This got me thinking about the latest tax rates and how much room there is to maneuver for the Federal government in terms of economic stimulus via tax cuts as opposed to outright cash returns.

The chart here shows a few things from 1975 to 2008. The bars indicate median household income in nominal dollars, the upper limit of the tax bracket for a married couple filing jointly of the median income, and the lower limit of the maximum tax bracket. The lines indicate the marginal tax rates (MTR) for this median household and for the maximum tax bracket.

Two major things stick out. First, the significant drop in the highest MTR from 70% in 1975 to 35% in 2008. Second, the MTR for the median household income has not changed since 1987. There is also the fact that the lower limit of this maximum tax bracket has increased considerably from $250k/year in 1993 to $357k/year in 2008.

Considering the very large annual deficit already run by the Federal government, it seems difficult to imagine further tax cuts on what are already low rates by relative standards. Even if tax cuts were made it seems unlikely that they will be significant enough to kick start spending or borrowing again anyway.


Monday, December 1, 2008

Earnings Week of 12/01

A project of mine that has been ongoing for the last year has been the automated collection of data for earnings releases. The spreadsheets below are the product of a macro that queries several different data sources, performs some basic calculations and references. The embedded chart below is more or less useless due to the constraints of the blog format. The actual link:

will be much more helpful. I got lazy with Thanksgiving weekend and thus did not run the macro for Monday so it's blank but the other tabs have data. None of my usual commentary, however.

U3, U6, & the Participation Rate

I've been having a running conversation with a friend of mine regarding how dire the employment situation really is. She believes that BOL statistics do not reflect the reality that so many people's unemployment benefits have expired or they have simply stopped looking for work.

Just so you don’t think I’m being a cheerleader or a naïf when it comes to government statistics or the broad economy, I decided to do a little hunting and digging. Several years ago, I used to post and debate things on Slate in the Moneybox forum and there were a few of the posters that were engaged in an ongoing and occasional effort to tease out what exactly the statistics meant. One of the things that was brought up several times was the “participation rate” which is exactly what it sounds like – what percentage of the available labor force is engaged in work.

Anyhow, I dug back into the BOL website and found the participation rate series and then compared it to both U-3 and U-6 measures. U-3 is the most reported measure of unemployment but, as you note, it doesn’t quite capture all unemployment. U-6 is a much broader measure and counts discouraged workers, marginal employment, etc.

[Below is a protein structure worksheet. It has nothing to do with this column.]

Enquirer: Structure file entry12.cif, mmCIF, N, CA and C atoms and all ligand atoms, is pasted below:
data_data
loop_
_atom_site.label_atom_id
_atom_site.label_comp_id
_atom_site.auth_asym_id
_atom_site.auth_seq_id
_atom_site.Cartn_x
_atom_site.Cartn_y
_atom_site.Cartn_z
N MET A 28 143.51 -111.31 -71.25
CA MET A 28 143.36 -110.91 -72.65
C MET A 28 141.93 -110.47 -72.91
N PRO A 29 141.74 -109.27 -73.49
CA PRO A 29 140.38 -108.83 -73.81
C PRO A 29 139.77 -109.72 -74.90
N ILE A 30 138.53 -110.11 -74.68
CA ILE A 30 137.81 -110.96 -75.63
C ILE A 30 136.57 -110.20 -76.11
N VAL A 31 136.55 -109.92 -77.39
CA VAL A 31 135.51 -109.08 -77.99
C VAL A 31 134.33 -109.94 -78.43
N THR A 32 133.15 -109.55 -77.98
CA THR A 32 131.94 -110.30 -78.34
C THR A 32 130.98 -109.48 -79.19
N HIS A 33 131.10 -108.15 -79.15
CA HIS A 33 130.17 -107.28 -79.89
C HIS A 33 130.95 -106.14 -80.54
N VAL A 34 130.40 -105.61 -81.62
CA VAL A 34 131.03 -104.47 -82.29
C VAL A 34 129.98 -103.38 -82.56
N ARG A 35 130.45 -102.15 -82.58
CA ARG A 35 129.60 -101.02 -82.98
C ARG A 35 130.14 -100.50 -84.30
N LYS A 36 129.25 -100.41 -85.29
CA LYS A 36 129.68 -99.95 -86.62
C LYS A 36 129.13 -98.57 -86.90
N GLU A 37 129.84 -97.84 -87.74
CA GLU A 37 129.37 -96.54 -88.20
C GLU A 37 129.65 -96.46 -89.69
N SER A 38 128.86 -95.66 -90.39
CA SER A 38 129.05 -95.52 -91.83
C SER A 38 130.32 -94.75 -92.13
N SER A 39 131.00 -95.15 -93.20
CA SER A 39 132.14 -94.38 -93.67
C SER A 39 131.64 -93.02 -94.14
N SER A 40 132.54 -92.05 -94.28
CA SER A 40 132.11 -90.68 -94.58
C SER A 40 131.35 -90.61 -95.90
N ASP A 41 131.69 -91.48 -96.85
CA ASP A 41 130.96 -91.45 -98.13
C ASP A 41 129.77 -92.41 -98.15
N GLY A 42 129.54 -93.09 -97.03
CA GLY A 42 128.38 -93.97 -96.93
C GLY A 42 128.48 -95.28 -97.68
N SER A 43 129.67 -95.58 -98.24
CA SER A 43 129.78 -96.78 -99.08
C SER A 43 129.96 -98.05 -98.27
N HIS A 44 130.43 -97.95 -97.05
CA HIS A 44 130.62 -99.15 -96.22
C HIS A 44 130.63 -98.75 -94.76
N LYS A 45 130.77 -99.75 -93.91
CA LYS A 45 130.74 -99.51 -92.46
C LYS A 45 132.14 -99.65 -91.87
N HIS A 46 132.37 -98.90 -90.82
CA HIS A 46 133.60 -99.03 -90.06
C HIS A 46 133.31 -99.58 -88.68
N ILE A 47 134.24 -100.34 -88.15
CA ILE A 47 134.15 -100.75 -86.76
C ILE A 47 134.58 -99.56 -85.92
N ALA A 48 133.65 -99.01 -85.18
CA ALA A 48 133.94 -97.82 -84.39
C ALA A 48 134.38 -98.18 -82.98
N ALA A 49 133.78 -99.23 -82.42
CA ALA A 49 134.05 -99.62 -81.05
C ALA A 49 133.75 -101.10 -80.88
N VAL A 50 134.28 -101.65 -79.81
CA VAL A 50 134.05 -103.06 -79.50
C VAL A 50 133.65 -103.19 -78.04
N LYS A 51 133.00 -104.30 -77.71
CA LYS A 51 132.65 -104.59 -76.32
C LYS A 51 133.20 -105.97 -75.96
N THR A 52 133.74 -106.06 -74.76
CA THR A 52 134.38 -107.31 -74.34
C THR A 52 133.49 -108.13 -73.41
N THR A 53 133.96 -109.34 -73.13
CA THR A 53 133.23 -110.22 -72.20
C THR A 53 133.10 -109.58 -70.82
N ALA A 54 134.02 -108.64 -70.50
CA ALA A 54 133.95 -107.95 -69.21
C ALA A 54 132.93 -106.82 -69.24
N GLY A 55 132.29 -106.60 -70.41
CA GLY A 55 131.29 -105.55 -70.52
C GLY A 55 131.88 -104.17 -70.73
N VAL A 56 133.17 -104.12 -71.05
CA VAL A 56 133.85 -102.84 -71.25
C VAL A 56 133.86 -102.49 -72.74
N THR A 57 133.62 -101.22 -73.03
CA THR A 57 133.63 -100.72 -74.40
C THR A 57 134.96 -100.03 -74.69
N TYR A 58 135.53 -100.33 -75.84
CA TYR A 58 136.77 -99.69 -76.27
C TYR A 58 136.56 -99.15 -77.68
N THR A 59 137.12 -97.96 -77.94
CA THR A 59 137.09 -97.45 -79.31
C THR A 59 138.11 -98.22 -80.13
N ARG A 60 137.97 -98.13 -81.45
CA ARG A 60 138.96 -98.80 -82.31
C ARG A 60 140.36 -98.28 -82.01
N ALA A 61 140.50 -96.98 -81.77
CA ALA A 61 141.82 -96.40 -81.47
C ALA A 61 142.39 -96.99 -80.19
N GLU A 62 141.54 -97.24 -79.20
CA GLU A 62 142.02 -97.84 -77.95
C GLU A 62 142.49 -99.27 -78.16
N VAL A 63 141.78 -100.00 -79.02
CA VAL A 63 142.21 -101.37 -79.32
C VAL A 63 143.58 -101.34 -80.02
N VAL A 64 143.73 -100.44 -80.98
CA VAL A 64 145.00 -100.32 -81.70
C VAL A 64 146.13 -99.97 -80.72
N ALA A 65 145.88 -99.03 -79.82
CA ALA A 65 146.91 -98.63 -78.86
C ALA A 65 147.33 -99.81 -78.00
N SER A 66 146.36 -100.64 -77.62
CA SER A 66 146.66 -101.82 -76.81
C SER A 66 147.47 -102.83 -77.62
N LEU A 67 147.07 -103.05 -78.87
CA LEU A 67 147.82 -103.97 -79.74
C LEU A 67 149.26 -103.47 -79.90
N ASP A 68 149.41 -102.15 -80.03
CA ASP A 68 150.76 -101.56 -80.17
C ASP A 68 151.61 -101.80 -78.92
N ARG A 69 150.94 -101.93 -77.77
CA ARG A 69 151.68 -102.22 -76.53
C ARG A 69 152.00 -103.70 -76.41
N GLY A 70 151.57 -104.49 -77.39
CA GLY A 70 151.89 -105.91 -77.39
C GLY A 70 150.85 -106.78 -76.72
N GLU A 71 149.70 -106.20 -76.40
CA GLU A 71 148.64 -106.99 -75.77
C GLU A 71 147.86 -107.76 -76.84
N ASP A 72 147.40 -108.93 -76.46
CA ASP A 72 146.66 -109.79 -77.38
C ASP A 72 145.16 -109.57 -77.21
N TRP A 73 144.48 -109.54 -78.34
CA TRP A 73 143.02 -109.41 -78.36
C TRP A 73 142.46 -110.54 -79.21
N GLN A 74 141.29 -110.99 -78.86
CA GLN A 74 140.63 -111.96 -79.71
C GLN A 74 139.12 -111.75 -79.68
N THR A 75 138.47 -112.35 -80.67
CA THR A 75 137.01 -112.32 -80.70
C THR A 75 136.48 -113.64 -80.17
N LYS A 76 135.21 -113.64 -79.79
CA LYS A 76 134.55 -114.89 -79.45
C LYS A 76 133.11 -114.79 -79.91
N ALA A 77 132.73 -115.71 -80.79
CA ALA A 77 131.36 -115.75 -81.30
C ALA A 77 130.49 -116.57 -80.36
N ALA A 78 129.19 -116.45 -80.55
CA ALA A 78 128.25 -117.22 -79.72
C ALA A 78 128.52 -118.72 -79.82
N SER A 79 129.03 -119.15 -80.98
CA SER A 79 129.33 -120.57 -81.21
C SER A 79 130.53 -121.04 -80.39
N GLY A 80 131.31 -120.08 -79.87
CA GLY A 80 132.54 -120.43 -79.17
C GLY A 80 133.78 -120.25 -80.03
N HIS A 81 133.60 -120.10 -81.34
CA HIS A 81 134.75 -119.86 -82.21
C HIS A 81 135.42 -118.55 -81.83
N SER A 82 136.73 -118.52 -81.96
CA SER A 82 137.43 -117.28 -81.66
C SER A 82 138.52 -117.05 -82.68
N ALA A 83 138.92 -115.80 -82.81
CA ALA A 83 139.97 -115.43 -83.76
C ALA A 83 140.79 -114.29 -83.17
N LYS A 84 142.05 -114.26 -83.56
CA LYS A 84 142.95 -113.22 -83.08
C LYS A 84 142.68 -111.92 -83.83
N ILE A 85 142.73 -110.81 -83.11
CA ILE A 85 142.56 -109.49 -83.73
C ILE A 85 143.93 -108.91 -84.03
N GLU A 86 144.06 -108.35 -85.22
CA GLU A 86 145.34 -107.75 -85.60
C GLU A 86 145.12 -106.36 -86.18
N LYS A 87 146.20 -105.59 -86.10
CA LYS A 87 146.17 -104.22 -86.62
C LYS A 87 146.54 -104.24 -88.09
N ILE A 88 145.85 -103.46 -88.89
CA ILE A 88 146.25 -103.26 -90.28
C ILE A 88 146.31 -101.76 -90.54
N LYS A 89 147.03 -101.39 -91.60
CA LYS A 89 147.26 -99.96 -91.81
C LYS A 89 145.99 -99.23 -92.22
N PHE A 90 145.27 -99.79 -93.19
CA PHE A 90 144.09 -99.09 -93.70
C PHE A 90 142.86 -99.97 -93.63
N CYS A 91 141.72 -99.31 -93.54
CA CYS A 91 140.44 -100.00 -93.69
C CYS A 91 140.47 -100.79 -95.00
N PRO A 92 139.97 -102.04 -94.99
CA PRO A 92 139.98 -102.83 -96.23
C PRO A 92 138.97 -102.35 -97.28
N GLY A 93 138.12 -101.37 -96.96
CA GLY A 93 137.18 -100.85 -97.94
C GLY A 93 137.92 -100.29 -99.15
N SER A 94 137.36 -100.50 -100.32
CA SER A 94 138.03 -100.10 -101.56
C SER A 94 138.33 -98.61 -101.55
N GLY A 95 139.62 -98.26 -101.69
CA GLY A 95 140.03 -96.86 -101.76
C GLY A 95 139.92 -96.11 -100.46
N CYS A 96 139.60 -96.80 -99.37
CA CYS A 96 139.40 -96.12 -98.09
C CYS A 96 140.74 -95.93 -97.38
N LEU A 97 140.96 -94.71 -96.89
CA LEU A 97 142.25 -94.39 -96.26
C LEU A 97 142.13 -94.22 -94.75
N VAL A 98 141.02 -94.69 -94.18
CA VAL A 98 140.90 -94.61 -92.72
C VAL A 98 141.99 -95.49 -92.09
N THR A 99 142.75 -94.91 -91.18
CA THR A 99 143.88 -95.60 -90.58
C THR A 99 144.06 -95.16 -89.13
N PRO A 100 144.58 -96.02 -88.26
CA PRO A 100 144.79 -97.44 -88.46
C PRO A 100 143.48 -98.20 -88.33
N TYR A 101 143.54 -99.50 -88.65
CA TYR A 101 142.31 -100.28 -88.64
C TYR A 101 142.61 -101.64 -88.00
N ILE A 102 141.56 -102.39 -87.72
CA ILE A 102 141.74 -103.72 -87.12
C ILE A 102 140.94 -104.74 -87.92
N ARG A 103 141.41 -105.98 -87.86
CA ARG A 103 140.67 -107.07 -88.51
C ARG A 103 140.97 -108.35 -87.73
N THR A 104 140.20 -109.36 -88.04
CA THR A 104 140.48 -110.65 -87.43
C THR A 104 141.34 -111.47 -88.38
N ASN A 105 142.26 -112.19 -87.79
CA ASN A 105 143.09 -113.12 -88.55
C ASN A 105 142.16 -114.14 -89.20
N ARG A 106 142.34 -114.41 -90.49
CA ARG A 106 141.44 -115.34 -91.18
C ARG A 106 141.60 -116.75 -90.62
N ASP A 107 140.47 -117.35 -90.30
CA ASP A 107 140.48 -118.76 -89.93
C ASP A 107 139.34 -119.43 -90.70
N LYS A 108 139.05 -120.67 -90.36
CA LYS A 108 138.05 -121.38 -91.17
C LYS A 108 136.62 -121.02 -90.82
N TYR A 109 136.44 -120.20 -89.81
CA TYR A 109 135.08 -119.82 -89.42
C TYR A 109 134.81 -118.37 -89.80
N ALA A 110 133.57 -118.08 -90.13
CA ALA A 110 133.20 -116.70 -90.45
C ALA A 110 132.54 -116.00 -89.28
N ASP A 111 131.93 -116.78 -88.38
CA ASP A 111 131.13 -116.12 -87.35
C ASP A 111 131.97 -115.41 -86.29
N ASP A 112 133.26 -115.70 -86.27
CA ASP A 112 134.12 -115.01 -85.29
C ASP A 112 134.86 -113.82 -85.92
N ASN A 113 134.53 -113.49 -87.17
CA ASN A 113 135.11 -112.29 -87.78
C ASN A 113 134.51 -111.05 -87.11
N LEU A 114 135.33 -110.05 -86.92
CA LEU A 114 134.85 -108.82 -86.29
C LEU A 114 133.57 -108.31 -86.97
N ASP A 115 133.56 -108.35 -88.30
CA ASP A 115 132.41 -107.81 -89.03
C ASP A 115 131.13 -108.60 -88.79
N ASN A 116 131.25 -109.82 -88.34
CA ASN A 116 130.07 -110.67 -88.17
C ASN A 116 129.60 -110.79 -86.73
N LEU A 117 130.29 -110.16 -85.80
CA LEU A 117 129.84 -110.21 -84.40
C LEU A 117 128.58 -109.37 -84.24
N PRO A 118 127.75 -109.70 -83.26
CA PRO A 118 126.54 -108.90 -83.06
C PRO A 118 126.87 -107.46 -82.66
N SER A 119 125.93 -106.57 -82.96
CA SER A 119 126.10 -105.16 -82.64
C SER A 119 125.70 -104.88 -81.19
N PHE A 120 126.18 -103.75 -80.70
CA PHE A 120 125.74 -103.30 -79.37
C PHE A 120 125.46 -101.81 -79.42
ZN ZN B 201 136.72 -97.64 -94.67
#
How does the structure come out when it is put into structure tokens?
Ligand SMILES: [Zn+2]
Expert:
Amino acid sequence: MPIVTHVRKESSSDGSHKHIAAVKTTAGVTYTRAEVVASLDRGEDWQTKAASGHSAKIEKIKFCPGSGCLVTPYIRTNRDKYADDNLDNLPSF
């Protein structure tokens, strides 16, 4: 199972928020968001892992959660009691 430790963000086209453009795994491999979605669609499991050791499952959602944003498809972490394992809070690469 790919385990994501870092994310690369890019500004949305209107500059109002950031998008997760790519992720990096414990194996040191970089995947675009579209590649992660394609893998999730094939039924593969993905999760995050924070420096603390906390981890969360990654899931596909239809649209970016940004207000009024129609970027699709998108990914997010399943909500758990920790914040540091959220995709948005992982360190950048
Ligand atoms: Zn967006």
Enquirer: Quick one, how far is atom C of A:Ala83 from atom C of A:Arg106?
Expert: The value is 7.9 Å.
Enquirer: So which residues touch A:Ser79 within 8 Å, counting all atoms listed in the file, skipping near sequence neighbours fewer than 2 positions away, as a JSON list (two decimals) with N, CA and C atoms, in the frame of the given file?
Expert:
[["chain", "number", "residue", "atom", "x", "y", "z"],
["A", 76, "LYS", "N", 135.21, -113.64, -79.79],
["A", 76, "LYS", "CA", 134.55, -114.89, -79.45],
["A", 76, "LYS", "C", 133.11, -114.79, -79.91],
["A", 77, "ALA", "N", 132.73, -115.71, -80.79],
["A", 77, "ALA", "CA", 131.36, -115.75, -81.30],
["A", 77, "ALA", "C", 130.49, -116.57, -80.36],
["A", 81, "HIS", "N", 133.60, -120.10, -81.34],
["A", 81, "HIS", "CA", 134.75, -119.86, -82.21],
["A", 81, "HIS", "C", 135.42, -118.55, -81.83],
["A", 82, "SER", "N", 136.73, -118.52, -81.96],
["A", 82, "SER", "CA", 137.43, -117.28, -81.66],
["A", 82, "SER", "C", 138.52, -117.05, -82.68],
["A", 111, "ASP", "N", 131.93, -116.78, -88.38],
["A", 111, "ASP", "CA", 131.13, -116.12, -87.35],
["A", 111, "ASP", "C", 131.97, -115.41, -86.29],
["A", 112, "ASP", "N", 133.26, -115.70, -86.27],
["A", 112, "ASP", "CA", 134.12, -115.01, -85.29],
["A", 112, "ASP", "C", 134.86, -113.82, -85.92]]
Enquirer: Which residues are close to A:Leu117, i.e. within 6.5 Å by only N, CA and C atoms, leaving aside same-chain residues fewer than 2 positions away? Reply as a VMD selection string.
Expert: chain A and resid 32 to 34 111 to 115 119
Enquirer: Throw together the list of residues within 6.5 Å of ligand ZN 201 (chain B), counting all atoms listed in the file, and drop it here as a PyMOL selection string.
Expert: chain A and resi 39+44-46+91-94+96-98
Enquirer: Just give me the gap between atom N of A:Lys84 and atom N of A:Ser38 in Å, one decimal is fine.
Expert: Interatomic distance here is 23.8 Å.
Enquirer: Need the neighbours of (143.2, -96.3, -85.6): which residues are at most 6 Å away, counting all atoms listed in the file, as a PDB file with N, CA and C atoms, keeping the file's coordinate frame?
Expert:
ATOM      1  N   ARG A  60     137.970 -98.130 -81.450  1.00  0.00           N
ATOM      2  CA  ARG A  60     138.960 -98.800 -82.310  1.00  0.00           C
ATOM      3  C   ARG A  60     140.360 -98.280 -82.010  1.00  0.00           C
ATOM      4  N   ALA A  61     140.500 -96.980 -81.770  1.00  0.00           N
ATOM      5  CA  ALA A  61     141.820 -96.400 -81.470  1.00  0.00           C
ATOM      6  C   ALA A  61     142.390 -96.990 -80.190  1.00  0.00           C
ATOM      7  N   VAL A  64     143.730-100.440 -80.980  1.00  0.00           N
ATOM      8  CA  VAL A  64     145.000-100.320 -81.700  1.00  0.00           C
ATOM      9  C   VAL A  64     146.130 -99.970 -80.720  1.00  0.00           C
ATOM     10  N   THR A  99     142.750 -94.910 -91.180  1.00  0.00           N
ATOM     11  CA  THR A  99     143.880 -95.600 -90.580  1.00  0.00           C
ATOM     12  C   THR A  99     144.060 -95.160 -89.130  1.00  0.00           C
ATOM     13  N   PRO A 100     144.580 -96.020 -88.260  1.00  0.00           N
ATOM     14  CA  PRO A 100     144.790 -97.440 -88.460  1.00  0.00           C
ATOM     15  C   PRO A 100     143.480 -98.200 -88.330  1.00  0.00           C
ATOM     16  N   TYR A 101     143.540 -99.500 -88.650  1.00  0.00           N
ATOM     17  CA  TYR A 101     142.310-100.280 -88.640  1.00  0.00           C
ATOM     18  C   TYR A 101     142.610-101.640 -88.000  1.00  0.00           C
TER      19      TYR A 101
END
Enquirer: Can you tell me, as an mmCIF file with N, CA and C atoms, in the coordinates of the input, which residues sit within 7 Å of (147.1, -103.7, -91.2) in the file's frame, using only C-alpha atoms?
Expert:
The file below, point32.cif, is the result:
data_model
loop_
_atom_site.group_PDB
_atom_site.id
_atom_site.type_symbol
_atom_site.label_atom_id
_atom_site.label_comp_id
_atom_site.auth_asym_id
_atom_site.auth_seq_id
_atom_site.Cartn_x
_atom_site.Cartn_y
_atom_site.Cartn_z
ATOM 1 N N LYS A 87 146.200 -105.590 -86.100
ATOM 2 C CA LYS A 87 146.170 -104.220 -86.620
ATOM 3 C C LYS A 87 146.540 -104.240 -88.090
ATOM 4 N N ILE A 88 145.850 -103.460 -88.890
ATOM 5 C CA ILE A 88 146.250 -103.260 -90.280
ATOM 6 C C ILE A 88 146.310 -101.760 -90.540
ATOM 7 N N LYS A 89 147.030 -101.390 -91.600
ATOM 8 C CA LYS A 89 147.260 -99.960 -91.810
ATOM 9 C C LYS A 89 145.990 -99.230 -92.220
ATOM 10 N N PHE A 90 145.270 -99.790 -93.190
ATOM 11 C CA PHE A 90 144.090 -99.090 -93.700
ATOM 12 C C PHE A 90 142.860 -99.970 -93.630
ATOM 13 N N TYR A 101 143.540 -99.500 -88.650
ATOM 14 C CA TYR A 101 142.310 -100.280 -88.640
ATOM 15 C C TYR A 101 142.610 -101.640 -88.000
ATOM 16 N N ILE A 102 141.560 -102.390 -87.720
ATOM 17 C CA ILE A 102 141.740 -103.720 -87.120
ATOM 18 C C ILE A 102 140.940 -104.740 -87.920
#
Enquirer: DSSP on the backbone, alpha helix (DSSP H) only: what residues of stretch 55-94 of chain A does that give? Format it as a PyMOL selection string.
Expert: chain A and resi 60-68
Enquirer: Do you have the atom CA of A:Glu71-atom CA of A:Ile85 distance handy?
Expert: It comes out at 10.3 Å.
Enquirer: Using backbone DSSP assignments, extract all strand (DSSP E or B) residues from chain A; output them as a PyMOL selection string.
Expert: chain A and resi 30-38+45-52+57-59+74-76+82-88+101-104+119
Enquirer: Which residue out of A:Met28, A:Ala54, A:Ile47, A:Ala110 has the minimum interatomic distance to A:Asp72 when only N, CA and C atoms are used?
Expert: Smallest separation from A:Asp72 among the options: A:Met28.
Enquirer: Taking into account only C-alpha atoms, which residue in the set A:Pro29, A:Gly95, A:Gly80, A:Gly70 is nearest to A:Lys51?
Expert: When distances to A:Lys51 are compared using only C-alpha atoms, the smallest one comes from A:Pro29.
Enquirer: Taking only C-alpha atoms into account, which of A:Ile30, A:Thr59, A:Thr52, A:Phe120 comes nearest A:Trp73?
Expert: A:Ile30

So here’s a chart:
The participation rate and U-3 series go back all the way to 1950, whereas the U-6 line is a recent development - I believe when the BOL started changing the calculations a bit. The participation rate obviously reflects some basic shifts in work patterns such as more women entering the workforce. This rate peaked out in early 2000 at 67.3% and has since fallen back to around 66%.

I disagree with the statement that BOL statistics do not in any way capture people whose unemployment benefits have run out. I believe that the participation rate does capture this even if they are missed by the counts of initial and continuing claims or the U-3 measure.

The peak labor participation rate was 67.3% in April 2000 and the U-6 (not seasonally adjusted) measure was 6.6%. During the December 2006 trough in U-6 measure was 7.8% but the participation rate was 66.4%. This is a difference of -0.9% from the April 2000 peak and the U-6 measure difference is 1.2%. I don’t believe this is a coincidence, particularly considering the noise in the data.

Bottom line, I agree that U-3 most likely understates the true unemployment situation but I disagree that workers that are no longer collecting unemployment benefits are not counted. The numbers are simply not reported by a lazy and stupid press corps who are either not trained or constitutionally incapable of digging into statistics and attempting to draw a conclusion.

Tangents and Digressions:
I didn’t include it here but I’m very curious if that increase in participation rate in the late 80s and 90s overlaps with any real wage stagnation. An increase in the labor pool would logically depress or at least slow wage growth. Of course, that makes our current situation even more dreadful since the labor pool via participation rate has already shrunk and wages have, if anything, shrunk on a real dollar basis.

I don’t think it’s entirely coincidental that consumer revolving credit leaps during the lowest periods of participation rate: